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The Problem With Pride

Republican Primary Challenger to Texas AG Helped Organize Summit Promoting CRT Ideas on 'Implicit Bias'

Texas Judicial Courts, Press Documents

The highly-watched Texas primary will take place this upcoming Tuesday, March 1. One of the nominations to be decided that day is the race for Texas attorney general, with incumbent Ken Paxton facing a crowded primary. One of his challengers, Eva Guzman, who recently served on the Texas Supreme Court until she retired last June, not only promoted Critical Race Theory (CRT) ideas, but did so at a summit on December 14, 2016 that she helped create.


The summit was known as Beyond the Bench Law, Justice, and Communities Summit, with highlights posted to the Texas Judicial Branch website. The summit focused in particular on racial bias in the justice system. 

An introduction about the summit reveals Justice Guzman's key role. "Supreme Court of Texas Chief Justice Nathan Hecht made it a priority to bring a conversation about justice, race, and bias to Texas. Chief Justice Hecht enlisted Justice Eva Guzman to lead the planning efforts for the Summit," the "Executive Summary" section explains. 

Under the "Framework" of the summit are sections on "Equal Justice" and "What is Implicit Bias (or Unconscious Bias)?" That latter section includes a bullet point on how "Intuition can be accurate, but can also be a source of erroneous judgment." It also adds how "A new model called 'intuitive-override' provides a more accurate account of judging and points to several reforms which the civil and criminal justice systems could implement to produce more just and accurate outcomes."

The "Big Ideas" section shows that participants are encouraged to take these ideas on bias beyond the summit. One bullet point directs to "Be part of an organization for social justice," under the "Personal" header.

The header with the most bullet points included, by far, is that under "Training," which even outweighs a header on "Courts," almost doubling it. Many of the bullet points also advocate for mandatory programs and sessions, and to expand them to other fields.


Some highlights of those bullet points include:

  • Training my staff on bias and how it is impacting them and their work.
  • Annual sensitivity training for all staff members.
  • Have all institutions go through cultural competency training.
  • Implement a discussion on implicit bias with every class I teach. Educate, confront misconceptions, and plant the seed.
  • This program should be made mandatory for the Texas state judges and county judges through the Texas Center for the Judiciary.
  • Create programs on implicit bias and teach others that if we know our biases, we can change them.
  • Implicit racial bias training annually for all professors by me, like I’ve done for CPS research and others.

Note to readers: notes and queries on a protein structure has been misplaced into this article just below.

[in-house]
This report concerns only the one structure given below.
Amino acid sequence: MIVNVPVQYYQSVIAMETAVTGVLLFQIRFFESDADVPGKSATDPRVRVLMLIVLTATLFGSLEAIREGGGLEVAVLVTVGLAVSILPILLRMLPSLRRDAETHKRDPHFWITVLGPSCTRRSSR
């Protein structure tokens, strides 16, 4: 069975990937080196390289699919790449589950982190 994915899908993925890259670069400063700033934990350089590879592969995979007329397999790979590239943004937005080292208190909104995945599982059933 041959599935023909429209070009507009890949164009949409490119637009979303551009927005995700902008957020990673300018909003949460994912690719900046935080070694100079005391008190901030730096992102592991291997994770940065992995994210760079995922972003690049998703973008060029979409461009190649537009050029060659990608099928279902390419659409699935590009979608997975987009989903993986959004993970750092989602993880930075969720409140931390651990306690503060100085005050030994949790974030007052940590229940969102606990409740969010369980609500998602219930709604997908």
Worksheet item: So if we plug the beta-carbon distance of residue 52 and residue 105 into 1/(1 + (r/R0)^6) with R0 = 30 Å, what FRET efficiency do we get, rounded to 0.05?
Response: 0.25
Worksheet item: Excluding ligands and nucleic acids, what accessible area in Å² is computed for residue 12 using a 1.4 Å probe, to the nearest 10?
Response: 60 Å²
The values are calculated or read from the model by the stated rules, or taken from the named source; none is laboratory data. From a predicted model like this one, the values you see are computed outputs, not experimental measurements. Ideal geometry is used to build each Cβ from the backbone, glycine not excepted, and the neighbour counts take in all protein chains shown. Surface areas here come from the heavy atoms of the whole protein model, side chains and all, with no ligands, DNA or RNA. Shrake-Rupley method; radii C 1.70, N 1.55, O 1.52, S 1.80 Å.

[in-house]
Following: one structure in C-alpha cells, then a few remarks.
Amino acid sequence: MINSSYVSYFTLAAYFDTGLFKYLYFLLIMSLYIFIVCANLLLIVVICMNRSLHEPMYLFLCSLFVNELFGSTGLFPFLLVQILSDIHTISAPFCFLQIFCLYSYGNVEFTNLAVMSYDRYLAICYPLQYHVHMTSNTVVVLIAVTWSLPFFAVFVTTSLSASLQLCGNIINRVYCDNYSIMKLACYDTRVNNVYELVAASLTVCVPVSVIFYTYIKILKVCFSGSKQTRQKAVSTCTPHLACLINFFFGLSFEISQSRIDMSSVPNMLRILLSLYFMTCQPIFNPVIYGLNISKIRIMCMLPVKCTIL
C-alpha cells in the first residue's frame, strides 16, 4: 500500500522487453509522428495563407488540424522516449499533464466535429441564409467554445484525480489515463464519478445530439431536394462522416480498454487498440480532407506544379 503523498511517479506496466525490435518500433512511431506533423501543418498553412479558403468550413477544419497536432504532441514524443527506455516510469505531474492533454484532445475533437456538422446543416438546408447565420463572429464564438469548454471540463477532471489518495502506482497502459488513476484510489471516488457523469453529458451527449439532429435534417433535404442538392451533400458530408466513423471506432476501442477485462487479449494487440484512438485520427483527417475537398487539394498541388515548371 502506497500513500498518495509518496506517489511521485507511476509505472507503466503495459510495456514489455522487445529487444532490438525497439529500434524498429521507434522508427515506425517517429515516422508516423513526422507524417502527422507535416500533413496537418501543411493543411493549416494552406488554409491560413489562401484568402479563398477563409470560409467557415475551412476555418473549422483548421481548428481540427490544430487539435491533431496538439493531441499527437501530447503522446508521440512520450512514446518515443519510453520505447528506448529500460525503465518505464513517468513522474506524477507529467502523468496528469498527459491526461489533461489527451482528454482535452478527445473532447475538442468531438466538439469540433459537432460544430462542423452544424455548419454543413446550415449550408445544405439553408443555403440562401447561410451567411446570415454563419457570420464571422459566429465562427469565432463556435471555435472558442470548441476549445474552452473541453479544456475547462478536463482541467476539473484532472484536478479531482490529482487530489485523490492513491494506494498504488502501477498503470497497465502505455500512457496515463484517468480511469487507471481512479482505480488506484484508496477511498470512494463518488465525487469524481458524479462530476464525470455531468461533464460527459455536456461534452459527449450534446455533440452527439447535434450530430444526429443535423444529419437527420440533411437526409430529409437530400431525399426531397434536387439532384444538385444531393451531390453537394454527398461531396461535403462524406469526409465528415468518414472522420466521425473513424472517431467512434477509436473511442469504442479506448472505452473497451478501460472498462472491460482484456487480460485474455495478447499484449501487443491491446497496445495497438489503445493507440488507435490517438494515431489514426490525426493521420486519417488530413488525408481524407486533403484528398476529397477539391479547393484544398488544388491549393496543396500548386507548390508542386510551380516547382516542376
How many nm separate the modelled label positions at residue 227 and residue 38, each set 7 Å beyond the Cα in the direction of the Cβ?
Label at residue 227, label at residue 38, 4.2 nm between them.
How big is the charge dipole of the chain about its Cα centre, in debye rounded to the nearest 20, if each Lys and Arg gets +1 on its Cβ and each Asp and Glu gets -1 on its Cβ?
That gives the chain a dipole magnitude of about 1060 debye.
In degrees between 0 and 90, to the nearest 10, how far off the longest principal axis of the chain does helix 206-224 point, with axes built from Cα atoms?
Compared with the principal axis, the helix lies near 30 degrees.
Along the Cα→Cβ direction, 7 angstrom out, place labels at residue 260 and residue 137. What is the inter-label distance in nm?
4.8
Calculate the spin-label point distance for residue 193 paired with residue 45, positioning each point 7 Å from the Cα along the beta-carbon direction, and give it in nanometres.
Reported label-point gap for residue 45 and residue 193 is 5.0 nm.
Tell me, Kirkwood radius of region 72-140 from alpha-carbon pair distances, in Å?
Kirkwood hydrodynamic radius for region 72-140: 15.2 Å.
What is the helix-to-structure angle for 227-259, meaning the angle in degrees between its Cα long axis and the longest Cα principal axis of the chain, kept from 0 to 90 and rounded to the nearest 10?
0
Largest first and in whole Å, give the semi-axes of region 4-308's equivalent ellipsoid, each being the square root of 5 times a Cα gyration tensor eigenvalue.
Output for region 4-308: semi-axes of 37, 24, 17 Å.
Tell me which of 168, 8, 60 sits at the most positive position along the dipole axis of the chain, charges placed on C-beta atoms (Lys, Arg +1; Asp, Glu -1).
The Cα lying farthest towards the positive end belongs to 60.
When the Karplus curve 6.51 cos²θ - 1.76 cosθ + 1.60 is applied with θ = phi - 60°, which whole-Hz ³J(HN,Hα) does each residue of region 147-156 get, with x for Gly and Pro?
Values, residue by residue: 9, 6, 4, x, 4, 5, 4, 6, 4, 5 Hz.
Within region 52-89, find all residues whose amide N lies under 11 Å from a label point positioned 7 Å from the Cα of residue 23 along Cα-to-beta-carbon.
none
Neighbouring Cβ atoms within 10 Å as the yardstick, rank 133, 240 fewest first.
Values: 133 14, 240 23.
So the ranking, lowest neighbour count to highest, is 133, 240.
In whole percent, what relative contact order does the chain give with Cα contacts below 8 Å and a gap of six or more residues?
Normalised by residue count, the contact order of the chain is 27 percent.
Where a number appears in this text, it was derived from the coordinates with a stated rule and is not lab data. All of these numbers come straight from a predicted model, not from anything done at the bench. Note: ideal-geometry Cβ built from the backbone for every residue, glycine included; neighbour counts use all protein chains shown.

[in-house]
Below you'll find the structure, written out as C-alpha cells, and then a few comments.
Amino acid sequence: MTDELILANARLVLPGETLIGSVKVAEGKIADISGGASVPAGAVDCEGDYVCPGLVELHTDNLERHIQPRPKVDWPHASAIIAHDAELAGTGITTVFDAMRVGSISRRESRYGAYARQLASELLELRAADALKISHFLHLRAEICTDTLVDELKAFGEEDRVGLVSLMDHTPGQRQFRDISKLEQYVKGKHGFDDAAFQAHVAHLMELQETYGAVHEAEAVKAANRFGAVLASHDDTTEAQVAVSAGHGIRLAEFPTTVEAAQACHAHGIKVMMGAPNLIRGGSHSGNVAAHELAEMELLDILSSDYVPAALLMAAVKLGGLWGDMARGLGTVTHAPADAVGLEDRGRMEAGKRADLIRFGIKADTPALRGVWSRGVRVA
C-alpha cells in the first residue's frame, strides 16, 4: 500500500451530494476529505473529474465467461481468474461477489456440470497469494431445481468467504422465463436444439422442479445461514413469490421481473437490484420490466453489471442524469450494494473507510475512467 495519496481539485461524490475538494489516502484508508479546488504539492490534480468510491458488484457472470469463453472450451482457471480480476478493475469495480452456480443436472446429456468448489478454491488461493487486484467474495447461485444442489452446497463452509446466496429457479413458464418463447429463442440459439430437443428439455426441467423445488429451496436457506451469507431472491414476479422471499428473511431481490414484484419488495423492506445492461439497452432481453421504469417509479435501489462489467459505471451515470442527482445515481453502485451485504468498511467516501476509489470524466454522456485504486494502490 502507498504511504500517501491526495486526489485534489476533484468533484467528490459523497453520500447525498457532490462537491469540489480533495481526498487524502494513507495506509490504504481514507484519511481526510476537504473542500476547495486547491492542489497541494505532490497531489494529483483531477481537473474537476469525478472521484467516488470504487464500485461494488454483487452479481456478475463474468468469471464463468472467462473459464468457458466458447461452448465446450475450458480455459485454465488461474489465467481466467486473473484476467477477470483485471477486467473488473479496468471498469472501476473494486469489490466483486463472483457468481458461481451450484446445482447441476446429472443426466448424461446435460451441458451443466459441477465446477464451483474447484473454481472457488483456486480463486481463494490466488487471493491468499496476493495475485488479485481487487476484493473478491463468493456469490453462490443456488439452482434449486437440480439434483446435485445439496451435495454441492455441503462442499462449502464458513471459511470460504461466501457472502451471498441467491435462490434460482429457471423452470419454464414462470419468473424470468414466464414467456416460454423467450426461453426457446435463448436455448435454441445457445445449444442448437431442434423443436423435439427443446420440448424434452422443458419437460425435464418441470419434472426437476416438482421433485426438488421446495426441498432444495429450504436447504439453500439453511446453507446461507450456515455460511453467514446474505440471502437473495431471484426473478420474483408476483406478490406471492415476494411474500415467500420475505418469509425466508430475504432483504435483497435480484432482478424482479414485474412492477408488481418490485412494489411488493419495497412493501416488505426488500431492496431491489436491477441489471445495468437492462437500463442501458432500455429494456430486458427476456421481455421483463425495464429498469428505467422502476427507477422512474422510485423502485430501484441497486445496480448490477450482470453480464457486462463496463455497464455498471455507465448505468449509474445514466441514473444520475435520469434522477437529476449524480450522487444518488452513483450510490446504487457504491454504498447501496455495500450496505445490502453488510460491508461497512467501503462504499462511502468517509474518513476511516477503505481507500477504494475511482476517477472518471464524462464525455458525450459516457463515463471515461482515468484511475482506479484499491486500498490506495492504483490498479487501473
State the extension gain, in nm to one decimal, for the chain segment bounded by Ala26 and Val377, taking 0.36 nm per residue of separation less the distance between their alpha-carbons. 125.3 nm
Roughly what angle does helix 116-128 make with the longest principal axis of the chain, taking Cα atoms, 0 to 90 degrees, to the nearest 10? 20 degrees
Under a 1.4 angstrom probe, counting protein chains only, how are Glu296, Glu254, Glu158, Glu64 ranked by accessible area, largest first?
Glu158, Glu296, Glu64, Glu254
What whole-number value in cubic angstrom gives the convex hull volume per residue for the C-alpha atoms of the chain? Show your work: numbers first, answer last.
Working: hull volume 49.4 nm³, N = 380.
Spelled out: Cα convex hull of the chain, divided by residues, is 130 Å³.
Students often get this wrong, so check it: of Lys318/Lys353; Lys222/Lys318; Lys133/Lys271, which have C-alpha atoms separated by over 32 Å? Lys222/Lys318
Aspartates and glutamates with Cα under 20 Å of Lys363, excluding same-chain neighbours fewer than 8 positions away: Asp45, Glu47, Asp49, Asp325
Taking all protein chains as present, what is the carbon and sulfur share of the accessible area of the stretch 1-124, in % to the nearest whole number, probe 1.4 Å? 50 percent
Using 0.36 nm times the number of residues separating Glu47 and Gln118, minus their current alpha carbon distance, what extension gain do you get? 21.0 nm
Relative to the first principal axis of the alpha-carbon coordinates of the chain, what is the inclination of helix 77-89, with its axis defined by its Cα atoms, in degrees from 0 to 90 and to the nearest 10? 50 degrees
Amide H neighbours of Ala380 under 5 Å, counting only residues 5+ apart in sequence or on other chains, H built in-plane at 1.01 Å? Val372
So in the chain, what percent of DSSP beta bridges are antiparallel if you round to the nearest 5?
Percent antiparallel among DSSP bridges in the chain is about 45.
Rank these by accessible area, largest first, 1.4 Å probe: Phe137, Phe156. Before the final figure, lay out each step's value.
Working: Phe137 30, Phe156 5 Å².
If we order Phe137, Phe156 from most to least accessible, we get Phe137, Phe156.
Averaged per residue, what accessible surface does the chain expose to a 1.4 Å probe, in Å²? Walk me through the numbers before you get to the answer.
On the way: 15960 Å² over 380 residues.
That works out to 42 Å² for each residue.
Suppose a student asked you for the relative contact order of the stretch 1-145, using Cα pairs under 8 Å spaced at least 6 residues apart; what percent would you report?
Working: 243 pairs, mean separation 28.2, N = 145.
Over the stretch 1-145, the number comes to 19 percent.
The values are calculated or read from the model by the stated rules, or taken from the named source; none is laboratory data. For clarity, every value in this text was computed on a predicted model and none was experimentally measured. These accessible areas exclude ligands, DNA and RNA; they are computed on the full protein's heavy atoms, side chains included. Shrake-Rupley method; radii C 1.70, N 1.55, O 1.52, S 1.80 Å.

• Training on Implicit Bias for my city and county law enforcement.
  • Provide training for CPS, attorneys, and CASA on how bias affects our judgments.
  • Mandatory race relations or cultural awareness training in the professional or stakeholder groups.
  • Continue conversations like we had today in order to foster understanding of others’ perspectives and recognize biases. Challenge others in my own community to evaluate their own biases and try to change them by hosting similar events.
  • Creating continuing education in building relationships and culture.

While the summit has "the objective of strengthening trust and confidence in the courts" specifically, there are mentions of how the summit hopes to impact children. 


One of the "top 5 ideas" mentions an app for children. "Develop a childhood app that helps children to recognize bias at a really young age. They have pattern games. Why not something that changes how they group people, cultures, etc. on the common thread that isn’t an easily seen pattern but has a commonality," it reads.

There are also mentions of children throughout the "Education" header for those "Big Ideas." The section reads:

  • Make sure every youngster of every race/ethnicity has access to pre-school education to be ready for 1st grade so they can succeed.
  • Overhaul the way we teach civics in the public school system. Many people fall victim to the criminal justice system because they don’t have a basic understanding of how the justice system works.
  • Educate young Texans on the benefit differences of opinions and experiences bring to our state.
  • Inspire more students to pursue education at a higher level.

While CRT ideas have become major issues in Texas and throughout the country, including and especially when it comes to rallying the base, Bias Response Teams on college and university campuses have also been an issue, for years now.

In December 2018, Speech First filed a lawsuit against the University of Texas over what president and founder Nicole Neily referred to as its "inclusion bureaucracy" as part of a policy on Hate and Bias Incidents and a Campus Climate Response Team (CCRT) at the university. Both were ended as a result of a settlement between the university and Speech First in December 2020. 


Paxton was first elected as attorney general in 2014. He is also being challenged by George P. Bush, the nephew of President George W. Bush who is currently the Texas Land Commissioner, as well as Rep. Louie Gohmert, who was first elected to represent Texas' 1st district in 2005.

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